The Cry of the Owl Jamie Thraves

The Cry of the Owl Jamie Thraves
The Cry of the Owl is an odd one, based on the Patricia Highsmith novel previously made into a feature-length film by esteemed French director Claude Chabrol back in 1987. It's not an easy one to tackle, delving into themes of image presentation, moral monstrosity and remaining powerless to dark impulses as a projection of personal neuroses and self-hatred. And it would be easy to dismiss this visibly flawed adaptation by simply noting the gaps and miscasting, but there's something very intriguing here, and there's a lot more thought behind the awkwardness than meets the eye.

Here, the original story is updated and moved to North America, with Paddy Considine stepping into the role of Robert Forrester, a recently separated man with self-esteem issues that regularly chooses the dark path (a crossroads visual representation in the film) to spy on Jenny (Julia Stiles), a complete stranger, in her home. More curious than his interest in her as a vessel of normalcy and contentment, rather than object of desire, is her reaction when she finds him peeping. She invites him in for tea.

What escalates this peculiarity is that she ups the stakes, showing up at his workplace the next day, and everywhere else he goes, looking actively to engage in his life as a romantic interest. Meanwhile, his ex-wife Nickie (Caroline Dhavernas) subjects him to manic episodes and his best friend Jack (Gord Rand) makes latent homosexual advances.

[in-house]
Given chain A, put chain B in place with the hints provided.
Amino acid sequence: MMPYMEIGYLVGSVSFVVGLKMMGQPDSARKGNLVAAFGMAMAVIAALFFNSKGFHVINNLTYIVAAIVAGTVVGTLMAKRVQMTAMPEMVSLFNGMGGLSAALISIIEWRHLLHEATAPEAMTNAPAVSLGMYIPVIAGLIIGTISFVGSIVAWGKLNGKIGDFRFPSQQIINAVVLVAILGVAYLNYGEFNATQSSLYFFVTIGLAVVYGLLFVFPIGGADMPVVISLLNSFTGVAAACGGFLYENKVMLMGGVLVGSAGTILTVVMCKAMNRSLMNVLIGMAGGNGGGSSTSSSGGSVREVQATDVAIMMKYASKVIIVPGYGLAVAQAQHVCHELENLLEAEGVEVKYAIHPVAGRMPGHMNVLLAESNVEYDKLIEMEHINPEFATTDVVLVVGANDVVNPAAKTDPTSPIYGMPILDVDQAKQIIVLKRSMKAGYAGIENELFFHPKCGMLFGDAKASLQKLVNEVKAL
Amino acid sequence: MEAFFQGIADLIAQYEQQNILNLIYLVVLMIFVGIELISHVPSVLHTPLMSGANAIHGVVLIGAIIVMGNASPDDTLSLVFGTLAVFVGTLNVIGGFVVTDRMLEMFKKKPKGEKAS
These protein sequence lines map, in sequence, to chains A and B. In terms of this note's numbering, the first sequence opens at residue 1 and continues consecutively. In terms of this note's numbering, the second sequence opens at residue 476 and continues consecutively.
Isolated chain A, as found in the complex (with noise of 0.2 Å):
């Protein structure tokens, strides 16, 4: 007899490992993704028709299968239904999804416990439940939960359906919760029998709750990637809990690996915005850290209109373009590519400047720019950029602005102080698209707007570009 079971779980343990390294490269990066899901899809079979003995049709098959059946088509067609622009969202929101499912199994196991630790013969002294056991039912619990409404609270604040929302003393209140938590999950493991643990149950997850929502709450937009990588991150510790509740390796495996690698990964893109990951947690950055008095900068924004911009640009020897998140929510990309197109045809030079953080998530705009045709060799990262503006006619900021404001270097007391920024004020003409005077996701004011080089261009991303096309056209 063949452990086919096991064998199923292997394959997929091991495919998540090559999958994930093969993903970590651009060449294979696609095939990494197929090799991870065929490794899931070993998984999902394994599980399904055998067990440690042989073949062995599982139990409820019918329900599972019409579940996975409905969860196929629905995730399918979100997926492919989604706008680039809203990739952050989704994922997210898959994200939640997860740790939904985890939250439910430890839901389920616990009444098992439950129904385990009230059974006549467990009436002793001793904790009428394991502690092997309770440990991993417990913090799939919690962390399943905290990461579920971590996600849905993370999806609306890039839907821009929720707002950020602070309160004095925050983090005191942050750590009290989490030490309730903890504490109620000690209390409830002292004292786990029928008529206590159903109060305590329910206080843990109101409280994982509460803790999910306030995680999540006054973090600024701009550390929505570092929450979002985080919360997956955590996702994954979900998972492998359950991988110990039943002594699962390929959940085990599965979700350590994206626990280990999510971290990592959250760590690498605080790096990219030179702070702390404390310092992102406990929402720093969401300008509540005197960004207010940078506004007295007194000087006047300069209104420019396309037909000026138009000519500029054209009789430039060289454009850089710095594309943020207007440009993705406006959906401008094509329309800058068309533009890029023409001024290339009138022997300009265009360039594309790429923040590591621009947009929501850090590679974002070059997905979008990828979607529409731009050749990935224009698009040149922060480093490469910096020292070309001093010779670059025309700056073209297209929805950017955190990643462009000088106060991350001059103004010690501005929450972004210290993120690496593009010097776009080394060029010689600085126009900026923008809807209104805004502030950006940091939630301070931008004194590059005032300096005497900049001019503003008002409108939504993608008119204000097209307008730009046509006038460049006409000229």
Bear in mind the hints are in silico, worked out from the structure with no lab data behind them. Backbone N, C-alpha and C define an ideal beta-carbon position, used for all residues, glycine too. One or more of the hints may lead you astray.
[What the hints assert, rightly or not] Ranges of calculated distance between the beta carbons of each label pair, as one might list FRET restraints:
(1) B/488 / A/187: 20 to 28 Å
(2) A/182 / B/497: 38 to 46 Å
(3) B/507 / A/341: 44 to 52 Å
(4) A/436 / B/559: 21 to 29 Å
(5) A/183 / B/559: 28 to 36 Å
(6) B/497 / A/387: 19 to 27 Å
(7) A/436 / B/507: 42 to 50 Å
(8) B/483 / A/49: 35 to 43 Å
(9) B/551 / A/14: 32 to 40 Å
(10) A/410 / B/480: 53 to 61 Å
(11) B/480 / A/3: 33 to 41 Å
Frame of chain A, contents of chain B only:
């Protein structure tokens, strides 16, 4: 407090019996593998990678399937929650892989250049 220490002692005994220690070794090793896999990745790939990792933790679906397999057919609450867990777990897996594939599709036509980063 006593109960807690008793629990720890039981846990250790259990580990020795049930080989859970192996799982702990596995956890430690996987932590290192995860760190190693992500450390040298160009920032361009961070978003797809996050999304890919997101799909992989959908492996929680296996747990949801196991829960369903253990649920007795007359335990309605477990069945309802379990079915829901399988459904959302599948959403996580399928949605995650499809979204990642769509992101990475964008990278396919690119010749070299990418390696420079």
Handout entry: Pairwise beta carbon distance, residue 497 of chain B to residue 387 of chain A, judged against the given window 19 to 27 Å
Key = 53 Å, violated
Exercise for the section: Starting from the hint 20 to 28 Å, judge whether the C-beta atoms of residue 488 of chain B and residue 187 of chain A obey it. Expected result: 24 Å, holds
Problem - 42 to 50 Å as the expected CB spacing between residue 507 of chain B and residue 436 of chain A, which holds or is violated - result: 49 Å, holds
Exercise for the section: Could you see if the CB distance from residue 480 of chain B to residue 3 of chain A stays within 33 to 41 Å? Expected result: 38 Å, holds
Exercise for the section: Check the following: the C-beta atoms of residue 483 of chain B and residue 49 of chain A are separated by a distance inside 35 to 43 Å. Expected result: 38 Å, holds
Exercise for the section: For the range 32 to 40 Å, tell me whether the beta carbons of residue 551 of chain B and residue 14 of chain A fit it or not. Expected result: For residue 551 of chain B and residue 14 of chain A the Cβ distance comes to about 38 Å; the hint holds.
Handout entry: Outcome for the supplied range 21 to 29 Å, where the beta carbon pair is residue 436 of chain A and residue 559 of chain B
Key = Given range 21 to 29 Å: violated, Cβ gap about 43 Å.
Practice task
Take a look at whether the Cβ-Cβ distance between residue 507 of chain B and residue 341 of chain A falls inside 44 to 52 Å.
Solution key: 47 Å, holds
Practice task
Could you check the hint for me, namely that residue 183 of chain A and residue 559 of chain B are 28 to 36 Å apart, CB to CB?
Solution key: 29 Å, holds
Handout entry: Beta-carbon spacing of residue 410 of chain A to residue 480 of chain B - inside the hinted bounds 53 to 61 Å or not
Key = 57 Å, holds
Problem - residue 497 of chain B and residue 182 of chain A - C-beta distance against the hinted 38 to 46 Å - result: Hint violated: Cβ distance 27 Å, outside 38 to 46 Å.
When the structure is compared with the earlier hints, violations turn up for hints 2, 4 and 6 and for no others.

This bizarre mixture of oddball characters and sense of impending doom remains vital throughout, even if many of the scenes come off as clumsy and stilted. There's almost a Mulholland Drive aspect to this awkwardness, intentional or not, which nearly adds to the overall appeal. What suggests that it wasn't intentional is the fact that every scene with Julia Stiles works quite well, mainly because she gives a little more to her character than the others.

Deeply flawed and occasionally perplexing, this tale of manifested repression communicates its point of looking at others to avoid looking at self, and is something I will likely watch again. (E1)